Is Your Bread Done? This Is the Correct Internal Temp for Perfect Bread.
Every editorial product is independently selected, though we may be compensated or receive an affiliate commission if you buy something through our links.
Baking bread? Internal temperature is the best way to tell if your loaf is really done. Our Test Kitchen explains how to temp properly and when you can safely pull it out of the oven.
Baking bread is a labor of love. You mix, knead, wait on the proof, punch down and proof again. It’s a lot of work before your loaf even hits the oven. Baking bread is the last hurdle, and for new bakers, it can be challenging to get just the right bake. Bake too long and the bread is burnt tasting, but if you go under, you’ve got an underbaked, sticky mess inside. The best way to avoid the over- or underbaked bread: internal temperature checks.
How to Tell When Bread Is Done
Maggie Knoebel, culinary assistant in the Taste of Home Test Kitchen, explains that the best way to tell if your bread is done by checking the internal temperature of the bread. She recommends a quick-read thermometer for an accurate gauge. As for the number you’re looking for, Maggie says anywhere between 160 and 185ºF.
“That’s when gluten starts to coagulate,” she explains. That means the bread is firming up inside and is no longer raw.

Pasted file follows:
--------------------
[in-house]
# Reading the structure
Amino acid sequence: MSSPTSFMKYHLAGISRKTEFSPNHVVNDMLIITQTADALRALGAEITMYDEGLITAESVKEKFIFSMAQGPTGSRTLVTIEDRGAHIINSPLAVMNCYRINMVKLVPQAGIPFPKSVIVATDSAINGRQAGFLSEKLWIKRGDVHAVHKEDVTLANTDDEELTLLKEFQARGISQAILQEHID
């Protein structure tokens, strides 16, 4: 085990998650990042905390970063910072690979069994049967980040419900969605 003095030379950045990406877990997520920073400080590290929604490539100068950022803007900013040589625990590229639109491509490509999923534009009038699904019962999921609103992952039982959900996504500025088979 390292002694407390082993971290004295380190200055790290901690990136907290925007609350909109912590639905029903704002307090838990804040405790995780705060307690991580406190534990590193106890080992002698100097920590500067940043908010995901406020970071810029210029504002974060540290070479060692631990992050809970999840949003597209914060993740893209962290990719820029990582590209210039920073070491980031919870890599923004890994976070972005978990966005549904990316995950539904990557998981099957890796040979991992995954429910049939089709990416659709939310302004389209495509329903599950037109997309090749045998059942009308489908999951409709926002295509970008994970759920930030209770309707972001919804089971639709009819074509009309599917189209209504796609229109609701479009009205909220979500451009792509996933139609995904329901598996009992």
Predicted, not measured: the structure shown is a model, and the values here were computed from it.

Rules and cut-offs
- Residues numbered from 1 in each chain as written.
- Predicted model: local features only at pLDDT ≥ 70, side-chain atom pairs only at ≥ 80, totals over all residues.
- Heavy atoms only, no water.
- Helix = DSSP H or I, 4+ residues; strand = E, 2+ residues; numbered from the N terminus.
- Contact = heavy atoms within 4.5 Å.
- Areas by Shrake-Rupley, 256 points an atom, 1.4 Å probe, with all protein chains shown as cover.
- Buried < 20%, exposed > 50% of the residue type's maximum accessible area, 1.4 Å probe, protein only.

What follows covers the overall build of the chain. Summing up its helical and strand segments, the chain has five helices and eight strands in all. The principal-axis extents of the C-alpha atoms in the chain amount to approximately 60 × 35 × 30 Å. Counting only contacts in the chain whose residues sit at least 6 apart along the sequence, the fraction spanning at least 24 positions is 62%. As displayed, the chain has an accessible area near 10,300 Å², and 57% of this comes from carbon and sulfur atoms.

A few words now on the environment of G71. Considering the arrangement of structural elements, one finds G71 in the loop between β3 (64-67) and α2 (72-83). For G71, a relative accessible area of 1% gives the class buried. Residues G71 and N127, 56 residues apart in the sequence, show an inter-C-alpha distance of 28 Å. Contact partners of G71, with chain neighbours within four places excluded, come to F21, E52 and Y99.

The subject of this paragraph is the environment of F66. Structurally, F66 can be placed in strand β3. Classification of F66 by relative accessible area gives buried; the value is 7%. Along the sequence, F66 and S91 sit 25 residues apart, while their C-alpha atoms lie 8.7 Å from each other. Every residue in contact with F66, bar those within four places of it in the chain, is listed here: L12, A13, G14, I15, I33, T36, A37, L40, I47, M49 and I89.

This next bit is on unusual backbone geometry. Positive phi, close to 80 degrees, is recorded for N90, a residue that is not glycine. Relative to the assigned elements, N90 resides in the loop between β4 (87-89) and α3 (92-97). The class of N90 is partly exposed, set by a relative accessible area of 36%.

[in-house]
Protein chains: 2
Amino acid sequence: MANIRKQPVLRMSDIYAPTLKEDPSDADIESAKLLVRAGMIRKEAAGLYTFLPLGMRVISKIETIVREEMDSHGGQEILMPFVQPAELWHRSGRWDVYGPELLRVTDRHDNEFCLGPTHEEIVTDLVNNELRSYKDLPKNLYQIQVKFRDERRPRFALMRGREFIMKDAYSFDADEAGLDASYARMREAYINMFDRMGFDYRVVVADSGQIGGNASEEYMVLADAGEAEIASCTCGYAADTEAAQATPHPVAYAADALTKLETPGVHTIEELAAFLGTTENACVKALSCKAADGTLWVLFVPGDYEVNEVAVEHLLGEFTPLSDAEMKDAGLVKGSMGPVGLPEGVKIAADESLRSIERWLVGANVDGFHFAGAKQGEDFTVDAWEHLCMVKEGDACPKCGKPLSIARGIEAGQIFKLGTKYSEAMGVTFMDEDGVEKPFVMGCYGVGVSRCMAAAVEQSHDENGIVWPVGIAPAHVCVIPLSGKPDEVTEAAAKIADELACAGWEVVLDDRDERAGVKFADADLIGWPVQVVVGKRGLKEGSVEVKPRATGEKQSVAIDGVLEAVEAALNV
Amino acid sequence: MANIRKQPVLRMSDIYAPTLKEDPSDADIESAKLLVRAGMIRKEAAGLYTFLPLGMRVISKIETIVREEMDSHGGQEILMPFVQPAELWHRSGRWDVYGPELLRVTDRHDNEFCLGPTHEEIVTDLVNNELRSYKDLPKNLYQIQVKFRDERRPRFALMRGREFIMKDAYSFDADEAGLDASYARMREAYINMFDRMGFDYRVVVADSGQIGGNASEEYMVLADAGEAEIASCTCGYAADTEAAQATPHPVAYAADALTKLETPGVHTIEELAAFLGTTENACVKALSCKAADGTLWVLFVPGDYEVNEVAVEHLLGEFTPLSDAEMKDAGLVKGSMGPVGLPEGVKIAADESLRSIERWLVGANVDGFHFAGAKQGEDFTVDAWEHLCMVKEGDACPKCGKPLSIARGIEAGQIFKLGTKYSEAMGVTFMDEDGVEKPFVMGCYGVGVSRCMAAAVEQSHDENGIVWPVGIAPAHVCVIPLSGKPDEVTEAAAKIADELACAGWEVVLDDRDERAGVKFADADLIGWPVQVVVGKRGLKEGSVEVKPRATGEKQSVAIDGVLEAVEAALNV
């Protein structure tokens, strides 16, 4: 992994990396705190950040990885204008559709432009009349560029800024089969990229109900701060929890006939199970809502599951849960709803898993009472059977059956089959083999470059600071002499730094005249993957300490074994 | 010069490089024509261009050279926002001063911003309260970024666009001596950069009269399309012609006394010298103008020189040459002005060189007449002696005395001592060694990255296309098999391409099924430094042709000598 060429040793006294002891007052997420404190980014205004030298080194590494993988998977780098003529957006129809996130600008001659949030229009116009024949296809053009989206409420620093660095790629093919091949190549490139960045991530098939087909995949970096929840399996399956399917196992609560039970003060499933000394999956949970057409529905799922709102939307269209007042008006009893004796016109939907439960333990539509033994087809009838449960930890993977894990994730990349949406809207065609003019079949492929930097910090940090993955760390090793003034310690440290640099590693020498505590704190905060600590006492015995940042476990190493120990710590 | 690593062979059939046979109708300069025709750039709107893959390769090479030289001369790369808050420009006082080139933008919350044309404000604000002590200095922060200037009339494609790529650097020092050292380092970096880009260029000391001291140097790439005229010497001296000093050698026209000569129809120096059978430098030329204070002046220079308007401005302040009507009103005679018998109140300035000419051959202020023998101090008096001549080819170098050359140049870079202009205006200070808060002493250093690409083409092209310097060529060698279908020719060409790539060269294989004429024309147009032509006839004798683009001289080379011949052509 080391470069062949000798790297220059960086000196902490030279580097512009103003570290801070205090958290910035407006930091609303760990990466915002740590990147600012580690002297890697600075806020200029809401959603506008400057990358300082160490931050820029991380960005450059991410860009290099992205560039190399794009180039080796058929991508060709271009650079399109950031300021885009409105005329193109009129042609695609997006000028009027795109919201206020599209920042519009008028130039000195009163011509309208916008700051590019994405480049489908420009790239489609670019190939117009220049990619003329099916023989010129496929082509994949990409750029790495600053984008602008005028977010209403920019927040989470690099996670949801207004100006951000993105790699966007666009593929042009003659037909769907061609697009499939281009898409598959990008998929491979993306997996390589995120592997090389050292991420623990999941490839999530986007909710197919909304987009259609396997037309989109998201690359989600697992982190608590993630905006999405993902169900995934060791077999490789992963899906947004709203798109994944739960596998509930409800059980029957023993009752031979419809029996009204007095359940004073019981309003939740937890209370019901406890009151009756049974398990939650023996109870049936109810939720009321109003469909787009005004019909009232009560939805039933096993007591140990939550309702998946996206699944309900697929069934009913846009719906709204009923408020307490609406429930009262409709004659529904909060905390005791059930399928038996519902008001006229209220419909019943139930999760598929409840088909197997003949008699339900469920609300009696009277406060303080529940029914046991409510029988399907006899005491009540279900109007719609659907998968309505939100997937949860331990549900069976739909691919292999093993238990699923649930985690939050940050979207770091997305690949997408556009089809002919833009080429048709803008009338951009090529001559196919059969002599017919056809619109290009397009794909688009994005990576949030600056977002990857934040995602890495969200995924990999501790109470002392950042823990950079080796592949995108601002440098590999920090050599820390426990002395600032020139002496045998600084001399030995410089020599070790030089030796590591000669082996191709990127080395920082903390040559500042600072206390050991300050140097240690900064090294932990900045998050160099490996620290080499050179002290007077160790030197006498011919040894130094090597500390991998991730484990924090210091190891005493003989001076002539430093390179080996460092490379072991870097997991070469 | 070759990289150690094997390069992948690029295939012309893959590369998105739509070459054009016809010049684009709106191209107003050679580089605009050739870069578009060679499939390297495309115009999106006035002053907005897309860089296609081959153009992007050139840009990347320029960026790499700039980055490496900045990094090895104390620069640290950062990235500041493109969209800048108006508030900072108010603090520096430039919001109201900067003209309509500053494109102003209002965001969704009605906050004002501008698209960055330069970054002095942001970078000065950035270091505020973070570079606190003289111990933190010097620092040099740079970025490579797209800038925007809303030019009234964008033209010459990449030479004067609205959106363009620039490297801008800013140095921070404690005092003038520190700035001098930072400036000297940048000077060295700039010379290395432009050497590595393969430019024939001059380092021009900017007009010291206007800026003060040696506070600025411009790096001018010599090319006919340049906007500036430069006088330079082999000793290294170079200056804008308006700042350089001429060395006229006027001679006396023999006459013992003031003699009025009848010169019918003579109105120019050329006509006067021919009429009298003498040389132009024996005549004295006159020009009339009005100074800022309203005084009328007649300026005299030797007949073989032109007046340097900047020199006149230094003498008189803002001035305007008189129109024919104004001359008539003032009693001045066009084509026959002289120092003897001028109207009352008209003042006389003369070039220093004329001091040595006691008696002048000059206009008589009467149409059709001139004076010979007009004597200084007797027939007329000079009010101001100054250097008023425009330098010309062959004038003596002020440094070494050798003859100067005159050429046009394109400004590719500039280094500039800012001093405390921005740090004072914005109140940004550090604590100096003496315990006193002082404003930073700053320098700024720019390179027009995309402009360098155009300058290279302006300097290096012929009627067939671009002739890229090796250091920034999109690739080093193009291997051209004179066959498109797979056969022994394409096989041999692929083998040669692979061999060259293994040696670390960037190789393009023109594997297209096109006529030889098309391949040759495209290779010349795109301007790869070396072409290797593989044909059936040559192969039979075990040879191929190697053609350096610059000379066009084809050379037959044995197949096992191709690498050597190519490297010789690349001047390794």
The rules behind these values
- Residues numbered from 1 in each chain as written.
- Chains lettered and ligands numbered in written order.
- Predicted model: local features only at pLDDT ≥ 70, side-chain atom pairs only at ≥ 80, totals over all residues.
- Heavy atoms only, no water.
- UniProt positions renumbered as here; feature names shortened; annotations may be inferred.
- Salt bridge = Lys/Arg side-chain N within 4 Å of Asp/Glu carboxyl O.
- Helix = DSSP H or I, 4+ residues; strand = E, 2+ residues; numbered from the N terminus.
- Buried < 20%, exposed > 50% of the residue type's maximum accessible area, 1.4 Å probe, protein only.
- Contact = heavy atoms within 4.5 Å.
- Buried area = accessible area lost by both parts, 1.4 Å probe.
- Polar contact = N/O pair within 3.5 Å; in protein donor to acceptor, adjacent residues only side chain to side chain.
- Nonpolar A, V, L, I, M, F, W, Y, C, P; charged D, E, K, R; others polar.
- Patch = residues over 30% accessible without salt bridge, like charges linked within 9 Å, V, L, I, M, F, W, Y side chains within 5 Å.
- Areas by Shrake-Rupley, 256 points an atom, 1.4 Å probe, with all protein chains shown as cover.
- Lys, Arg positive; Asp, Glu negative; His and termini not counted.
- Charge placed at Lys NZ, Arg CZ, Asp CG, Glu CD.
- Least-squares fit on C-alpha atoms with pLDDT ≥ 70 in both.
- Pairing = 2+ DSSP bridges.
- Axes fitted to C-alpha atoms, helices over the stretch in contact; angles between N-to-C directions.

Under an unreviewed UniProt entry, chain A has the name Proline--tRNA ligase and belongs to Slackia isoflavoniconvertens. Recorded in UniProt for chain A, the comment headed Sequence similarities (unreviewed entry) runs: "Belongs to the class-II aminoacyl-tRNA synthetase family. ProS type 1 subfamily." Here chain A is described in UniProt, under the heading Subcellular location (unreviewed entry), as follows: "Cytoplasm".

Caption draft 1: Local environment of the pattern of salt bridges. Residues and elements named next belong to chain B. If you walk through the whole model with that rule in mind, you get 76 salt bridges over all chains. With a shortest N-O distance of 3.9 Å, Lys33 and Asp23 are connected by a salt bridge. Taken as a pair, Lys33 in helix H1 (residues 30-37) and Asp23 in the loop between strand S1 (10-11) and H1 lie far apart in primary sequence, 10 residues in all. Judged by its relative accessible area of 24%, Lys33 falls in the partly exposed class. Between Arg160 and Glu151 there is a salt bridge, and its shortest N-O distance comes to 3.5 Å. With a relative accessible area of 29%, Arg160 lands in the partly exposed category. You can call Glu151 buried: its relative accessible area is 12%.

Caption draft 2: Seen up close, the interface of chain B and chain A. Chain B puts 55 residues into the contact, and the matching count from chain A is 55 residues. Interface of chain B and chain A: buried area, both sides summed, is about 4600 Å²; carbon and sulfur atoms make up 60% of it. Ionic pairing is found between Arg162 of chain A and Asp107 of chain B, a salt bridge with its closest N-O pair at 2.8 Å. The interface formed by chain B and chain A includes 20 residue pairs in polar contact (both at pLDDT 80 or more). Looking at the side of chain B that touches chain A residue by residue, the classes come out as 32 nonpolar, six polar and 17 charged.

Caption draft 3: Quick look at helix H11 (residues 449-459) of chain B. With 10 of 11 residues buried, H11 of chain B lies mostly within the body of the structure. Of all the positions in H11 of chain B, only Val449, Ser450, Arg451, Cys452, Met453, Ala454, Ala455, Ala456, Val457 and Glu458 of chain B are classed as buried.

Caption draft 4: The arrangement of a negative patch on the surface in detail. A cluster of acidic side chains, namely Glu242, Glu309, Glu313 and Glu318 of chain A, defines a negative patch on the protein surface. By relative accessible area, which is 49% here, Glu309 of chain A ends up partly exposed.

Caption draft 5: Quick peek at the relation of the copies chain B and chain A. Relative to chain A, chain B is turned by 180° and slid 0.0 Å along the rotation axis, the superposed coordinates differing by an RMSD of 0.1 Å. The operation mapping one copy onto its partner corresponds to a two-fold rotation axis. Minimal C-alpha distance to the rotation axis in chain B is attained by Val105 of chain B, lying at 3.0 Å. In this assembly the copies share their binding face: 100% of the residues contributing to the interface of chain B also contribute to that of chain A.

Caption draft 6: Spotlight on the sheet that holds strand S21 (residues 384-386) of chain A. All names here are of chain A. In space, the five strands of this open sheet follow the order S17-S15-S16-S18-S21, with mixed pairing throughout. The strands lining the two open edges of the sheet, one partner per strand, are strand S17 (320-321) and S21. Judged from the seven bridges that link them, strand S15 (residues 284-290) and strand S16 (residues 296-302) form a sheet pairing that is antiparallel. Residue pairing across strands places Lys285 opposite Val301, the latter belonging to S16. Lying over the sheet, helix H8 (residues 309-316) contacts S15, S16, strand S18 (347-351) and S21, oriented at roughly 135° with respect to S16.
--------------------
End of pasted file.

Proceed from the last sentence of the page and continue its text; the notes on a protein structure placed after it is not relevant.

But Do You Really Need a Thermometer?
Now, you might think that you can gauge if your bread is done by appearance, but Maggie warns that looks can be deceiving, particularly with large loaves, breads made with wheat or rye flours, loaves that are egg-washed or even breads that use chocolate like this babka.
“With a big crusty bread or ones with darker dough like pumpernickel, it can be hard to tell what’s going on inside,” Maggie says. “Don’t go by sight!”
Instead, Maggie recommends sticking a quick-read thermometer into the center of the loaf (this is Maggie’s go-to thermometer).
When Should You Check Bread’s Internal Temperature?
Since you want to be mindful not to overbake your bread, Maggie recommends checking the temperature early.
“Test your bread a few minutes before the low end of the time range in the recipe,” she says. So if your loaf should be done in 35 to 40 minutes, start testing around the 30-minute mark, just to be cautious.
What About Rolls?
The only exception to this rule would be small rolls and flatter breads—think naan or focaccia. Maggie says that you can typically go by sight and touch with these varieties. These types of bread are done when they are golden brown and when you press the top of them, they spring back (kind of like with cake).
With a good thermometer and a few good recipes, you’ll be set to make perfect bread!